A new report by ABI Research has muted the excitement for the arrival of fully autonomous vehicles, claiming they won't see large production and shipping numbers until 2029 at the earliest


5G technology could help to power self-driving cars

If you’re expecting to see fully autonomous vehicles whizzing up and down the road any time soon, the findings of a new study will likely come as a disappointment.

Market foresight expert ABI Research’s recent report predicts that level four autonomous vehicles – cars and lorries that require some human input in certain scenarios – won’t count for even 1% of the automotive market until 2026.

Author Susan Beardslee forecasts annual global shipments for these vehicles at fewer than 7,000 by 2023, while level five autonomous vehicles – those requiring no human assistance whatsoever – will account for less than 5,000 a year by 2029.

She wrote: “A true end-to-end autonomous journey is expected to remain a long-term vision, with dense and complicated urban and suburban environments, and added risks of pedestrians and multi-modal transit presenting a barrier.

“Machine learning will need to grow exponentially for multiple use cases, such as weather or how a vehicle is programmed to make moral decisions in case of emergency.”


Challenges facing the arrival of fully autonomous vehicles

The US Congress has two proposals in the works to accelerate the arrival of self-driving vehicles.

The Self Drive Act, which would be the first American regulatory platform to support level three to five autonomous vehicles, seeks to provide exemptions to operate self-driving test vehicles without the safety standards required by the consumer automotive sector.

Meanwhile, the AV Start Act has also been proposed in an effort to build on this, but has been blocked by five senators due to cyber security, hardware and software concerns, meaning no movement has been made on either motion.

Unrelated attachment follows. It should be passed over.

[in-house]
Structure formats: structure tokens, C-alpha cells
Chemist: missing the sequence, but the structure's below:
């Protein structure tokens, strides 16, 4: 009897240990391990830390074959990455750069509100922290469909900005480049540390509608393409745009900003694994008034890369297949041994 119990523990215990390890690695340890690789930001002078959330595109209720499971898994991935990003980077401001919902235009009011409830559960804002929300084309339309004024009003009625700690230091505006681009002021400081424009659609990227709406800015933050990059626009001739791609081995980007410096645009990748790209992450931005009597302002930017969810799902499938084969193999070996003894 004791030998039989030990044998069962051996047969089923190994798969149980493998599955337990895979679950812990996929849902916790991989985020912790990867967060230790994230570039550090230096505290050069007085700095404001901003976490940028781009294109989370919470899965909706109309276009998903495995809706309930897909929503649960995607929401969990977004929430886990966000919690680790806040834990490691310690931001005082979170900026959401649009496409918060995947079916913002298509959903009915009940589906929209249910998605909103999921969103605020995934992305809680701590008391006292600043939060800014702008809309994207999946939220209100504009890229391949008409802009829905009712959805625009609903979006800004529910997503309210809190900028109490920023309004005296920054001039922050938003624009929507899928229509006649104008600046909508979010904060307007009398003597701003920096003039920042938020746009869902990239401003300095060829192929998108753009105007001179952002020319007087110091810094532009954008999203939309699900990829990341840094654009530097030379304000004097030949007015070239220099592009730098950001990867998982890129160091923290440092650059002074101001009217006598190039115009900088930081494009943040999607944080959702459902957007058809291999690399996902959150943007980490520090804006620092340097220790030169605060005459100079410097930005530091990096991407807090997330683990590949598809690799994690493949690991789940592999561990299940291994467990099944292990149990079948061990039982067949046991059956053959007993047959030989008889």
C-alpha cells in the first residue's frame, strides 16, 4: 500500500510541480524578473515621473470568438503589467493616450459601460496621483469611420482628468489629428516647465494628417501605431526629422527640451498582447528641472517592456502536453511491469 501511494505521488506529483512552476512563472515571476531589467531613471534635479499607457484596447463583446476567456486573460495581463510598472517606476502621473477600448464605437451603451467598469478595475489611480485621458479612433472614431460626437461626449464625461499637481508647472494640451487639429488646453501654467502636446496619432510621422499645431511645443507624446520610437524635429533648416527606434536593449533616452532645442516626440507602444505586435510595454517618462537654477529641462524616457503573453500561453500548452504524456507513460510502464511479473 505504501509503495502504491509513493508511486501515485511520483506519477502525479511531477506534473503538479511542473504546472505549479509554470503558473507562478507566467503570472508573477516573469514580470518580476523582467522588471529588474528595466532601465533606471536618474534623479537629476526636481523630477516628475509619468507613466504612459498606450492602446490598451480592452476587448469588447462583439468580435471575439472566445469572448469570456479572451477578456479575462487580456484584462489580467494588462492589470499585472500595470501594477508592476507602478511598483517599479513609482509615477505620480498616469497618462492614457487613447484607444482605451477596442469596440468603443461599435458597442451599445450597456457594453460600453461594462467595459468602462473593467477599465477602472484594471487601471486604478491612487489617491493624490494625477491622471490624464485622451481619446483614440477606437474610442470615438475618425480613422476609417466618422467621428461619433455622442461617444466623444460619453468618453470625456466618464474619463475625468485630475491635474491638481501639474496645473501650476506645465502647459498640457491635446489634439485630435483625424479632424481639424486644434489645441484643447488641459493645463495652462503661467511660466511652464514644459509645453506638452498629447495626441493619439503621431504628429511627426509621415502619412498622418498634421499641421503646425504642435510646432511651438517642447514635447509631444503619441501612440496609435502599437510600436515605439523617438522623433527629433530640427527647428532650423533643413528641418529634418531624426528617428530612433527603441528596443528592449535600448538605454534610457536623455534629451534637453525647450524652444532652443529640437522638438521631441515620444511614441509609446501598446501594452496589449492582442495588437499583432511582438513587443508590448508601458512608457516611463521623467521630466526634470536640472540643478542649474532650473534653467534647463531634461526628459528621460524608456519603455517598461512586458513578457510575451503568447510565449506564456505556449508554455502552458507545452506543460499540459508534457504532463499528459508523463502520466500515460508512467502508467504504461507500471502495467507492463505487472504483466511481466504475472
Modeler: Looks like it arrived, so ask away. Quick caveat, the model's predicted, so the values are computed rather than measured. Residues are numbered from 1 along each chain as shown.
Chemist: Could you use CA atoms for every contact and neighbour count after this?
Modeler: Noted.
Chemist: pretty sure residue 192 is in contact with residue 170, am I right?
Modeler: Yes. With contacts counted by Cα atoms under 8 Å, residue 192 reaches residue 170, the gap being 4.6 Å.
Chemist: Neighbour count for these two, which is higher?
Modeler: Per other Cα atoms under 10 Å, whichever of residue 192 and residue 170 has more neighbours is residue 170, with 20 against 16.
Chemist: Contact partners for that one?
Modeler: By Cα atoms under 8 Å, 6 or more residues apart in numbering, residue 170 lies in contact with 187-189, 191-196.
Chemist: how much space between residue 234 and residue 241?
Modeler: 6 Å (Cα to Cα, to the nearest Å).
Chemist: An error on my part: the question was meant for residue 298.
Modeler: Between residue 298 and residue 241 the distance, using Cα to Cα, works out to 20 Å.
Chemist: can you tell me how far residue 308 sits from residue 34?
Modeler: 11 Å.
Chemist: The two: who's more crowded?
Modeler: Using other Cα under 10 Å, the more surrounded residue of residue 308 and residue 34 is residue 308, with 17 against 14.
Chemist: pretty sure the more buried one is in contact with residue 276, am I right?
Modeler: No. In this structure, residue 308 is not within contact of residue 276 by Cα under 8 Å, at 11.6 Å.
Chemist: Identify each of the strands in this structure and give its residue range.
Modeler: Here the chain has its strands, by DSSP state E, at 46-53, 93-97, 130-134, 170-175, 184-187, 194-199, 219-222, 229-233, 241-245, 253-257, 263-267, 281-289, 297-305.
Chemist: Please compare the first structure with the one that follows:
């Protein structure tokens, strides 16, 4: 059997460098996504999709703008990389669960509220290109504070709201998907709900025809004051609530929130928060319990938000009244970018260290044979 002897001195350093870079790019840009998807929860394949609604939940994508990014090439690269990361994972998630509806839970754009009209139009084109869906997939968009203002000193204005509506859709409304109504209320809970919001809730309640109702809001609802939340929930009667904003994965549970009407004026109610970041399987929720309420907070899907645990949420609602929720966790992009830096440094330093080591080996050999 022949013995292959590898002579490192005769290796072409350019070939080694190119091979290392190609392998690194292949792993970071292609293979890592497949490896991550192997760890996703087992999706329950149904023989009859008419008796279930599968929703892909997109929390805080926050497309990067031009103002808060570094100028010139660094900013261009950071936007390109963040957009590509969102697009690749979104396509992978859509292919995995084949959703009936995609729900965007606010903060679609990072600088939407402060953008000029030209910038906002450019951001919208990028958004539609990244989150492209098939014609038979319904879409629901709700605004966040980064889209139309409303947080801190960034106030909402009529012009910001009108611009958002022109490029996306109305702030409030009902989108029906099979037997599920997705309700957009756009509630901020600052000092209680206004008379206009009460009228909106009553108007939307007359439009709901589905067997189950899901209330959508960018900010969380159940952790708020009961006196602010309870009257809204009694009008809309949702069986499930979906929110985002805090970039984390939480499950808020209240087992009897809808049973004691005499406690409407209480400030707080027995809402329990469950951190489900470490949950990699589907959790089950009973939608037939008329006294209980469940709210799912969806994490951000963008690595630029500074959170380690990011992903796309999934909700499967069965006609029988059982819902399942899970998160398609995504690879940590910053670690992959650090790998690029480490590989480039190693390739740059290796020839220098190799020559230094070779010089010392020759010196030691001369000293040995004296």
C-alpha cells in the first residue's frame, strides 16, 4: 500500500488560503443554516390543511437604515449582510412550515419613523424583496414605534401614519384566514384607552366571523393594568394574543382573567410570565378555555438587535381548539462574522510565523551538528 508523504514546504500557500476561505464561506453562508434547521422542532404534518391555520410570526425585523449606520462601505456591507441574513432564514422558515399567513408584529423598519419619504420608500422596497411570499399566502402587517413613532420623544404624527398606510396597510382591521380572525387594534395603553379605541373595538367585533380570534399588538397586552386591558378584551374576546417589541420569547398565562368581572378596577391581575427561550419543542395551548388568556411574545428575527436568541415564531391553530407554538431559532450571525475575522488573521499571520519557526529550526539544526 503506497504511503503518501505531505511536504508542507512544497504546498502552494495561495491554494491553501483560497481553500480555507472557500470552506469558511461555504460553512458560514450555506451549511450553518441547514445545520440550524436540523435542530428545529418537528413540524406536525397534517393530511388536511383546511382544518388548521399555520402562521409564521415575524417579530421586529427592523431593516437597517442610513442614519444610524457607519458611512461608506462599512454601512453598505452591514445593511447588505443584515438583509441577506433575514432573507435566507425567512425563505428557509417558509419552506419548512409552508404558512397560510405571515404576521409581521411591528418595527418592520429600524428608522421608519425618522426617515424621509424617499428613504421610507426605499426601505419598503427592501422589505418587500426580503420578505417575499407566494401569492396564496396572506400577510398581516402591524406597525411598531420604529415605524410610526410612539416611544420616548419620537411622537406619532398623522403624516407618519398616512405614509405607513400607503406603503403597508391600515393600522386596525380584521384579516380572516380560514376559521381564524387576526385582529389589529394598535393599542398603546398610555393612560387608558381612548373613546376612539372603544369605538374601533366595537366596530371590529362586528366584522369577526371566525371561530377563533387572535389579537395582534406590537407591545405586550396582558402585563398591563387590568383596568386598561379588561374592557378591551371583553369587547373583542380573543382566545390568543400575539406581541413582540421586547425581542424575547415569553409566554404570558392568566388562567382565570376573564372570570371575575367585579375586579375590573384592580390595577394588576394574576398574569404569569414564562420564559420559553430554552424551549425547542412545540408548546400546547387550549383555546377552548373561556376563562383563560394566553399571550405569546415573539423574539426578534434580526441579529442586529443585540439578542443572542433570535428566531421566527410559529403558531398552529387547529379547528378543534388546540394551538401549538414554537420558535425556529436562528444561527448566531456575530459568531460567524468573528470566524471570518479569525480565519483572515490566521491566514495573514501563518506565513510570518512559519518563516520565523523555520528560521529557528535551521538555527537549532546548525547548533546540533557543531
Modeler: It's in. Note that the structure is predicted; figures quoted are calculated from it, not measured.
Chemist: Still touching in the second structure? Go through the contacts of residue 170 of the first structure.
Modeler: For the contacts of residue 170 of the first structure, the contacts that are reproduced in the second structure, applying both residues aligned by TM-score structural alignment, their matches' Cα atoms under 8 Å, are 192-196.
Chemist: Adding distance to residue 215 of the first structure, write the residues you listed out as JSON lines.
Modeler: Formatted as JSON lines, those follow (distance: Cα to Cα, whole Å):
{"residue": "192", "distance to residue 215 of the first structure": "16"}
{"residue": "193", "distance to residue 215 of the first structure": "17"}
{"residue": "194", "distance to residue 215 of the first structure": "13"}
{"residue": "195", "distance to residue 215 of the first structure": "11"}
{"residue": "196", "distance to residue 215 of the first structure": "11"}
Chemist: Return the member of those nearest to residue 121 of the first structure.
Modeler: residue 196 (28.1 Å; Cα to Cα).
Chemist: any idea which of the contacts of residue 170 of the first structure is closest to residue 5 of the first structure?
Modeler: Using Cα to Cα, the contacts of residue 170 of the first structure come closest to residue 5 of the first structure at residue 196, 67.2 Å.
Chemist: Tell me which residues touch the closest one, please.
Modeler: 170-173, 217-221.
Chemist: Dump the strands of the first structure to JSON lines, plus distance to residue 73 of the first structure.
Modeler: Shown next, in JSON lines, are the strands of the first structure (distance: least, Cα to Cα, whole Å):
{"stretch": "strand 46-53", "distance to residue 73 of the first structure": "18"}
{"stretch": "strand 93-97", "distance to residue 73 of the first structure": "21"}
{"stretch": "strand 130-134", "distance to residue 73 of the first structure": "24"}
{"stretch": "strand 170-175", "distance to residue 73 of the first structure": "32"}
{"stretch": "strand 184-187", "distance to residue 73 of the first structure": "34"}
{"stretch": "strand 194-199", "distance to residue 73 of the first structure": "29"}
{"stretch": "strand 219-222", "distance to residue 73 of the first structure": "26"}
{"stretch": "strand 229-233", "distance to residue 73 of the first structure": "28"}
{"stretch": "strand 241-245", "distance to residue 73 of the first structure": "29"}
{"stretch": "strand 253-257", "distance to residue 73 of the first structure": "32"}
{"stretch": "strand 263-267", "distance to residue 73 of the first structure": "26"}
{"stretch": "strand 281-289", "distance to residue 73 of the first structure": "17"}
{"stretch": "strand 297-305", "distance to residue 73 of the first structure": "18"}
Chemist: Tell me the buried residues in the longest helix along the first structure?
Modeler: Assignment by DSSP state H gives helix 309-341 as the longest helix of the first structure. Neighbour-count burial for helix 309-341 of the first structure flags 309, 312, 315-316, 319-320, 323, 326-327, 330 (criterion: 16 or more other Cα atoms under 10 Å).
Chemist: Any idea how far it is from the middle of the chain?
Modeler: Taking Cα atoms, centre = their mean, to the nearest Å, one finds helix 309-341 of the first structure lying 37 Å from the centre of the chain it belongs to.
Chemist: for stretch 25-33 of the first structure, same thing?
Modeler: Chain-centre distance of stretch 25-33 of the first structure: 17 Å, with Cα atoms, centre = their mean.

Taking the development of self-driving vehicles down another gear is the safety and job loss concerns held by the automotive industry’s unions and employees alike, according to the ABI Research study.

Ms Beardslee wrote: “Their rationale focused on fears of job losses, safety concerns and an unequal comparison to consumer automobiles.

“Autonomy also raises questions concerning job security for the estimated 3.5 million US professional drivers and the changing roles and skill sets required.”

fully autonomous vehicles
A Jaguar Land Rover autonomous car

What’s driving the arrival of fully autonomous vehicles?

There is cause for optimism when it comes to automotive autonomy as many commercial areas of the sector, such as long-haul trucking, stand to benefit greatly from the advent of self-driving vehicles.

The US, for example, is currently experiencing a driver shortage to the tune of 50,000, which is set to grow to 174,000 over the next eight years, while turnover at large fleets stands at 88%, according to the American Trucking Associations.

The ABI Research report claims that companies such Tesla, Nikola and Uber, in addition to some well-established original equipment manufacturers, are engaged in a race to introduce highly or fully automated driving modes for their commercial vehicles.

Ms Beardslee added: “Safety and security issues regarding autonomous vehicles have been questioned as Uber suspended autonomous testing of its automotive fleet after a recent pedestrian fatality and a Waymo vehicle was hit in a head-on collision.”

“The benefits of labour and asset productivity, fuel and time efficiencies, and, clearly, safety, have significant implications on the adoption of highly automated and autonomous commercial vehicles.”